Echoes of England as modern Welsh institutions gain ground in allocation

New universities see more research cash, but award equals real-terms cut. Zoe Corbyn reports

March 19, 2009

Welsh universities will see a real-terms cut to their annual baseline funding.

This week, the Higher Education Funding Council for Wales announced allocations of £433.8 million for 2009-10. The figure includes more than £80 million for research on the back of the 2008 research assessment exercise and more than £0 million for teaching.

Compared with the previous year, total funding increased by 0.43 per cent in cash terms, but this equates to a 1 per cent drop when inflation, standing at 1.5 per cent according to the HEFCW, is factored in.

A separate £34.6 million has been provided to support the Welsh Assembly Government's higher education strategies.

Philip Gummett, chief executive of the HEFCW, said: "Within this (financial) context, we are pleased to see continued substantial public investment in higher education."

The overall results mask dramatic changes to the funding landscape caused by the 2008 RAE - the first appraisal of Welsh universities' research strengths in seven years. Overall, research funding has risen 4 per cent, an increase half as big as the 8 per cent rise awarded to English universities.

As in England, there are big percentage gains for modern institutions at the expense of traditional big hitters such as Cardiff University.

Swansea Metropolitan University, until recently known as the Swansea Institute of Higher Education, saw the biggest percentage increase in research funding, rising 231 per cent to over £289,000.

Glyndwr University has seen its research funding increase by 166 per cent. The University of Wales, Newport, the Centre for Advanced Welsh and Celtic Studies and the University of Wales Institute, Cardiff also saw increases.

In absolute terms, Swansea University enjoyed the biggest rise, £3.6 million. Aberystwyth University and the University of Glamorgan both gained more than £1 million.

The biggest loser was Cardiff University, the only Welsh member of the Russell Group. It lost £2.17 million in recurrent research funding. Bangor University lost £1.1 million and the University of Wales, Lampeter's research funding was cut by £474,000 or 32 per cent.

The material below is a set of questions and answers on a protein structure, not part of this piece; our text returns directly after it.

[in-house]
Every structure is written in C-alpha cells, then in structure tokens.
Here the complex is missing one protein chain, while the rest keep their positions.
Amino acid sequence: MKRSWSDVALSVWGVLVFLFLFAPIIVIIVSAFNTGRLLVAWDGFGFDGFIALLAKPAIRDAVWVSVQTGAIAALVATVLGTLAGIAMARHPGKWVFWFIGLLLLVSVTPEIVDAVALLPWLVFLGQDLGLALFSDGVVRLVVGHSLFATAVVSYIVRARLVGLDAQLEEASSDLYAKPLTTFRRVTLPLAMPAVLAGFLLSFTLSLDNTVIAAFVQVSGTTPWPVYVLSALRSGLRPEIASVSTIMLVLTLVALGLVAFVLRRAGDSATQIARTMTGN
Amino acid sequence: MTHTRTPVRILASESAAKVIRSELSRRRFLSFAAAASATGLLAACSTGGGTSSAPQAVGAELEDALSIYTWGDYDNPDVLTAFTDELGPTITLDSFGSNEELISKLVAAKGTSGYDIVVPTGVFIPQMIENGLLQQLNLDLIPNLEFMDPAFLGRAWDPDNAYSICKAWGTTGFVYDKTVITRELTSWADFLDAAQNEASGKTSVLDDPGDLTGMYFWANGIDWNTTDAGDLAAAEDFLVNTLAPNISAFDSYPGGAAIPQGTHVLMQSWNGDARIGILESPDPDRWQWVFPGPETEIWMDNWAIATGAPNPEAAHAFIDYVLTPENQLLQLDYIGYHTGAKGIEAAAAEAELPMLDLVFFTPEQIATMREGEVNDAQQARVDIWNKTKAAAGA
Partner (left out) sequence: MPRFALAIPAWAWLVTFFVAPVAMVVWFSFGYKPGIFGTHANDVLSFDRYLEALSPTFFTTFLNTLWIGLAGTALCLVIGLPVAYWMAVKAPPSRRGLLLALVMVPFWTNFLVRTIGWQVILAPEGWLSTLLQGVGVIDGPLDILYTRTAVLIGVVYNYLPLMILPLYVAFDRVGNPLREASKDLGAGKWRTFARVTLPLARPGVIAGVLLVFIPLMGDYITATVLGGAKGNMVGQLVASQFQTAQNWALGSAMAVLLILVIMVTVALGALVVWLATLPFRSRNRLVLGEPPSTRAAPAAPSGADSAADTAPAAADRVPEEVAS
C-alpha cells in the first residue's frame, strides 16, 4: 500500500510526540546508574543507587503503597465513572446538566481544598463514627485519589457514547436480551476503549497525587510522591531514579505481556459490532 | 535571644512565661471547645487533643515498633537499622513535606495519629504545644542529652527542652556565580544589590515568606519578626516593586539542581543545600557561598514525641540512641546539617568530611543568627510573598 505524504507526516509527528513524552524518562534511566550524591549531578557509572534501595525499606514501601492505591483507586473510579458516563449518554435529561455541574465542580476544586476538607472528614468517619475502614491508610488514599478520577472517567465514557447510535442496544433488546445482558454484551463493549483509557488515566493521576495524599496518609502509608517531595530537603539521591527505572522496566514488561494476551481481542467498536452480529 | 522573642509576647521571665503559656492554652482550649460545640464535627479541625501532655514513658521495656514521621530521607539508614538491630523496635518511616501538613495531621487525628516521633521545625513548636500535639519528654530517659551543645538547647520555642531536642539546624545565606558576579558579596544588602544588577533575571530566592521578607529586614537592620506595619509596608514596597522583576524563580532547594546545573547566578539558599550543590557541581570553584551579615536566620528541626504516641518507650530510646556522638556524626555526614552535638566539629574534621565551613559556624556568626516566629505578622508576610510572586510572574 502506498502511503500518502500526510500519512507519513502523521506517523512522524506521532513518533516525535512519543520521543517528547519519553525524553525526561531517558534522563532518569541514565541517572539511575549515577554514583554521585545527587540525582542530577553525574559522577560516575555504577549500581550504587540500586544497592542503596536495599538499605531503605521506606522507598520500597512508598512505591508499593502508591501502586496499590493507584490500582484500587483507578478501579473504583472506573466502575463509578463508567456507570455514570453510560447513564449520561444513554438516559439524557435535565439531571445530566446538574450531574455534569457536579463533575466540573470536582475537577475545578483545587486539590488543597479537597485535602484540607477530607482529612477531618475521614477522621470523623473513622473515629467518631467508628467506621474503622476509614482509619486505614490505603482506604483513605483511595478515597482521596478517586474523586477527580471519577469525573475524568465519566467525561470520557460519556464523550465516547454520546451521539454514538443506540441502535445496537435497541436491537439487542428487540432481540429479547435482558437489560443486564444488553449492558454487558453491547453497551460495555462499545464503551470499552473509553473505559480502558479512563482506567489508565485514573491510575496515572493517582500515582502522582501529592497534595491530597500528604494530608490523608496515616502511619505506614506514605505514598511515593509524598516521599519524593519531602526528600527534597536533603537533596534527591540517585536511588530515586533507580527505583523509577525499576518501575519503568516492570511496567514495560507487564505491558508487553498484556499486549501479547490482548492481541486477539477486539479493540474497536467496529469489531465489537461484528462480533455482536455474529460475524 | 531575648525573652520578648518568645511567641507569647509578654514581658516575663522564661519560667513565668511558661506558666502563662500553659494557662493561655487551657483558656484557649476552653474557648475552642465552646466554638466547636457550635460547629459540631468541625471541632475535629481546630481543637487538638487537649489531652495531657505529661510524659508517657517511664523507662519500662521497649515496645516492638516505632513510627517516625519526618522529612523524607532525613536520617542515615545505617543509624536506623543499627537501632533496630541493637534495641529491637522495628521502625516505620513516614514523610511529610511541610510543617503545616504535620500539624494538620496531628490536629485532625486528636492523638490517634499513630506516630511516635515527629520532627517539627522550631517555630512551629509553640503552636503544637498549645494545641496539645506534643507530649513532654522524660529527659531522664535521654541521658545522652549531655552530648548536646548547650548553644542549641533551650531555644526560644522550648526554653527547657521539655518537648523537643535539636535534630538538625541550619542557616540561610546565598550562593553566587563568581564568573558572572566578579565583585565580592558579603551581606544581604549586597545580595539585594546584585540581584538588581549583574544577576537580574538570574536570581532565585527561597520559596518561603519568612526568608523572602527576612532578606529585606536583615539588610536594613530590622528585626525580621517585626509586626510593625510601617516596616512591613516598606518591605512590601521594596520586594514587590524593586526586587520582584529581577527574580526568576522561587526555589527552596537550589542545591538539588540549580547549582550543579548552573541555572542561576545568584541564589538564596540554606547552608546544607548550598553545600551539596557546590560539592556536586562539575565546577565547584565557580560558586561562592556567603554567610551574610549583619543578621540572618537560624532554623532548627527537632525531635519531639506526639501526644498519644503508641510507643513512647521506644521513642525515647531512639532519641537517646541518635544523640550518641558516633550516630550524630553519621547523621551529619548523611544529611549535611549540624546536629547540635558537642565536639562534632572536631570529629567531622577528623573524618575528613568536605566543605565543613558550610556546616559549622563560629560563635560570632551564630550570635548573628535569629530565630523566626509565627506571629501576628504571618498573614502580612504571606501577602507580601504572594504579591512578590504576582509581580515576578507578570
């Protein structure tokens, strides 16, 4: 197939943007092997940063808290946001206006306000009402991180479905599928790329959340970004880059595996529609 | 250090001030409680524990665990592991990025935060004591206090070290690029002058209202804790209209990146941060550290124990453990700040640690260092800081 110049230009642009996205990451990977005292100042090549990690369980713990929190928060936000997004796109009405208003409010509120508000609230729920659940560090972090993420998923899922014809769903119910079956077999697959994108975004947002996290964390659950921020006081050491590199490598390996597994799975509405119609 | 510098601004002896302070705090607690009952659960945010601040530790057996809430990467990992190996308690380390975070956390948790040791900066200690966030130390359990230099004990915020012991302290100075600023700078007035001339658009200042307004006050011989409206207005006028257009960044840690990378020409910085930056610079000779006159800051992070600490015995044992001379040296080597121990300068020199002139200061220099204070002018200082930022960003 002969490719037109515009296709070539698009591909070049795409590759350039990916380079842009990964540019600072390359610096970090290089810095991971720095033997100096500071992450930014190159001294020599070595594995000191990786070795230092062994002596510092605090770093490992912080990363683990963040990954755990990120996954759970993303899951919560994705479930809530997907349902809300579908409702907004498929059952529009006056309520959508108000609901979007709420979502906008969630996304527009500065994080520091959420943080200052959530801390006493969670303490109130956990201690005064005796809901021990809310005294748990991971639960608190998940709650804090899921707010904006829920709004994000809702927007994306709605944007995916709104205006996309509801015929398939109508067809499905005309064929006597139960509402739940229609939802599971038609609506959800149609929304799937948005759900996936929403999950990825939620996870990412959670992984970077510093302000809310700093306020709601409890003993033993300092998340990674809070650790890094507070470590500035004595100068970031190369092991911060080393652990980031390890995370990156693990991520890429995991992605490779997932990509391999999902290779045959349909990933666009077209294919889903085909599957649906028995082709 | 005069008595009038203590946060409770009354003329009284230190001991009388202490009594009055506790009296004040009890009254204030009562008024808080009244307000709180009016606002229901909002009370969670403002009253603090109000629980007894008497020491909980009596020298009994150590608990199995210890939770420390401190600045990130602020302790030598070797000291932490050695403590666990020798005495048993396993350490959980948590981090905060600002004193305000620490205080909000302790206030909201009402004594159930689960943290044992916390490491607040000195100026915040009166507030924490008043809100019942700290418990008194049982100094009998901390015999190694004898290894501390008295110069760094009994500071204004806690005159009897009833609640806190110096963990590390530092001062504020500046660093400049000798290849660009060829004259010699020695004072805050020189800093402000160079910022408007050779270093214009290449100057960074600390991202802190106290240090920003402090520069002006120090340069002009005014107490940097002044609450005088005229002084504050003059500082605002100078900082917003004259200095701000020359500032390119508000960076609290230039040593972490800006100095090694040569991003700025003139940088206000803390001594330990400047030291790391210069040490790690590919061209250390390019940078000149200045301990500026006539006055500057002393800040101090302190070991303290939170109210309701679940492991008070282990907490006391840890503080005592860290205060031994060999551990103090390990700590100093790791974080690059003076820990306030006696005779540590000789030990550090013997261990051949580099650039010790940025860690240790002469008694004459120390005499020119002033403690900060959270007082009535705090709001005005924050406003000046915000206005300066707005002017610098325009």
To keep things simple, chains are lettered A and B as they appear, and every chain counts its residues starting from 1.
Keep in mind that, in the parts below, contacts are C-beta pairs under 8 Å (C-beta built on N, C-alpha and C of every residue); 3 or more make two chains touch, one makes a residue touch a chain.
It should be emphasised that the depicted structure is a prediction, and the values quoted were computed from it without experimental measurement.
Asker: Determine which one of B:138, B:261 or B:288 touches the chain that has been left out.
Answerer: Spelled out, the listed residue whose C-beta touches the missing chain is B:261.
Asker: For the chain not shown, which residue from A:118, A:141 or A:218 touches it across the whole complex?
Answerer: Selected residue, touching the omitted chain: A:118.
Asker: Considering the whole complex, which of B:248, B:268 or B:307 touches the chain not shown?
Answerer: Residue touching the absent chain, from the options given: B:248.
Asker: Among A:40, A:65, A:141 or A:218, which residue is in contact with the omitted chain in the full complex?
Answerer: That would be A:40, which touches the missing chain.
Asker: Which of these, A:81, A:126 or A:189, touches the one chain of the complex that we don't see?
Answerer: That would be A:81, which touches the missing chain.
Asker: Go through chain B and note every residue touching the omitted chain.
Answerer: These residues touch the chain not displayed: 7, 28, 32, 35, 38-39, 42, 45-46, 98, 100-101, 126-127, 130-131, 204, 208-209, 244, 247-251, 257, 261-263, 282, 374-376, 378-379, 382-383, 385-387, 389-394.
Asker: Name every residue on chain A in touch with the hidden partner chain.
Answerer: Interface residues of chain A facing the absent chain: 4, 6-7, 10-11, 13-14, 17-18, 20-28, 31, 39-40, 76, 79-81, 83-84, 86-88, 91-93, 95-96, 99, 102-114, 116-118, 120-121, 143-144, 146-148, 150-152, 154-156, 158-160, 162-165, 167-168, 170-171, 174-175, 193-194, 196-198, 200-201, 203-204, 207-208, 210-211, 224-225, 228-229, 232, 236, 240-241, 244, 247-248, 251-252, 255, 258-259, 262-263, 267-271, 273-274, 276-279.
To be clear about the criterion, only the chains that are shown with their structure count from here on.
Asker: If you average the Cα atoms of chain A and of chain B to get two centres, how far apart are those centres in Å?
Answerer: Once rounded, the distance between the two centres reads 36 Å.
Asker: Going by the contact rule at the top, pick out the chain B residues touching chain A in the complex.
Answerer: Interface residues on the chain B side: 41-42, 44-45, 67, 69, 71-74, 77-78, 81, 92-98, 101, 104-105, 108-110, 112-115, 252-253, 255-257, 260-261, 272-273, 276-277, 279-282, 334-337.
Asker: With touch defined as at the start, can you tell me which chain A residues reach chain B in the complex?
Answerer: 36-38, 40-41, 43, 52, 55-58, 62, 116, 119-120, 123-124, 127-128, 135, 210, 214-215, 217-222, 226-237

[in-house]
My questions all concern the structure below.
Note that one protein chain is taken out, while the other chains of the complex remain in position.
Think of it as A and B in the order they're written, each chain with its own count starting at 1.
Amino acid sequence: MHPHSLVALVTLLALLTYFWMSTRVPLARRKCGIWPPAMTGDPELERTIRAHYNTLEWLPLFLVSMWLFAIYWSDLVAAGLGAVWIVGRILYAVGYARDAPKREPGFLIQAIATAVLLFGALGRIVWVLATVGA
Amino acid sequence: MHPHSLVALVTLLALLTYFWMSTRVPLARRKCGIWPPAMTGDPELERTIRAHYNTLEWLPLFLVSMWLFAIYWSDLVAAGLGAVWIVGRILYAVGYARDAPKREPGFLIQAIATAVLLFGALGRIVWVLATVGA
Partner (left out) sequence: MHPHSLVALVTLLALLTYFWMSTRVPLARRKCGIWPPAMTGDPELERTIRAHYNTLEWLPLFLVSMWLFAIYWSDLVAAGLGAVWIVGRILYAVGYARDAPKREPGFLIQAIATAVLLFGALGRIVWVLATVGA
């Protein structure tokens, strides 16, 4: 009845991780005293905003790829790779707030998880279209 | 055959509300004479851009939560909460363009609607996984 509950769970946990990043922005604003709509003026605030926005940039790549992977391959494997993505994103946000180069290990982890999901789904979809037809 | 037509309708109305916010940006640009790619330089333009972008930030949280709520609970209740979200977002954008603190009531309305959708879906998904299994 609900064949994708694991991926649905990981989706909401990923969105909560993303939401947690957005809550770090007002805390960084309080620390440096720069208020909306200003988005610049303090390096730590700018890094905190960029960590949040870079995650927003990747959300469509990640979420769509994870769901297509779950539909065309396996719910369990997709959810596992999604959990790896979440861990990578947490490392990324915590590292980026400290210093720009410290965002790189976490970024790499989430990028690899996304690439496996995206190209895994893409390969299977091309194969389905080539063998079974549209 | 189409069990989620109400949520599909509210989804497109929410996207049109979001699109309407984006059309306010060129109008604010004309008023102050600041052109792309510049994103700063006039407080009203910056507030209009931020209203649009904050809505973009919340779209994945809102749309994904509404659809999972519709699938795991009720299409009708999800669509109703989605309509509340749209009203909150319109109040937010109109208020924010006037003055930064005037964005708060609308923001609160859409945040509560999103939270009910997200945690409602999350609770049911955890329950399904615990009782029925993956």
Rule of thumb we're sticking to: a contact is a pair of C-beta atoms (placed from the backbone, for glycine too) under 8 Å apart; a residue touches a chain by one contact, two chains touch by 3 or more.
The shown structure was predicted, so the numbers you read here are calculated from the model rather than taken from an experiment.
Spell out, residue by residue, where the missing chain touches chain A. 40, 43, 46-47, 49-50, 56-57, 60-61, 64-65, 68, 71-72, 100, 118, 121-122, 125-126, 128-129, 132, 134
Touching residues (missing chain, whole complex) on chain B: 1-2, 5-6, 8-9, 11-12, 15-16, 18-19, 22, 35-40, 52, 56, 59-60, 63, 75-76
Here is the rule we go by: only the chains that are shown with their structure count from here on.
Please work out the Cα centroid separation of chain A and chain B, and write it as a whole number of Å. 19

The allocations include a boost of £6.1 million for science subjects obtained by transferring money from "other funds". Capital allocations totalling £23.75 million have been announced separately.

Welsh funding allocations 2009-10
InstitutionTeaching main grant*Widening accessTotal QRTotal research**Total cash change from 2008-09% change from 2008-09Total funding teaching and research (main elements) ***% change
Aberystwyth University24,242,021301,7177,518,0117,959,1641,291,0531933,238,2624.74
Bangor University22,370,421292,4257,761,0368,408,900-1,092,565-1132,141,8-2.57
Cardiff University68,010,925579,77639,599,842,610,103-2,166,762-5112,333,923-1.29
University of Wales Institute, Cardiff26,571,697451,4051,509,7191,664,463325,30624,504,5611.94
Centre for Advanced Welsh and Celtic Studies00363,328363,328117,00748363,32847.50
University of Glamorgan47,488,5561,549,1103,052,3623,352,7651,036,2484553,319,8673.15
Glyndwr University14,540,397346,145298,937337,730210,78516615,594,7892.25
University of Wales, Lampeter3,702,620145,829911,638995,951-473,8-325,020,147-9.13
University of Wales, Newport 16,060,568811,595559,207573,00499,3262119,670,3431.50
Swansea University,360,887574,90712,635,21913,542,7113,584,0063642,088,04110.
Swansea Metropolitan University 11,566,557382,731252,226289,017201,78023115,291,2832.49
Trinity University College 7,867,061105,65400–-5,743,2800.77
*Includes initial teacher training (ITT) grants awarded to the University of Wales Institute, Cardiff (£4.9 million in partnership with the University of Wales, Newport) and Trinity University College (£4.3 million in partnership with Swansea Metropolitan University). **Quality-related (QR) and postgraduate research (PGR) funding only. *** ITT funds shared between partner institutions. NB The table does not include strategic initiatives, third-mission or £23.75 million in capital funding, which all form part of the “baseline” funding. Taken together and including further education colleges, this totals £433.8 million compared with £431.9 million in 2008-09, a rise of 0.43 per cent.

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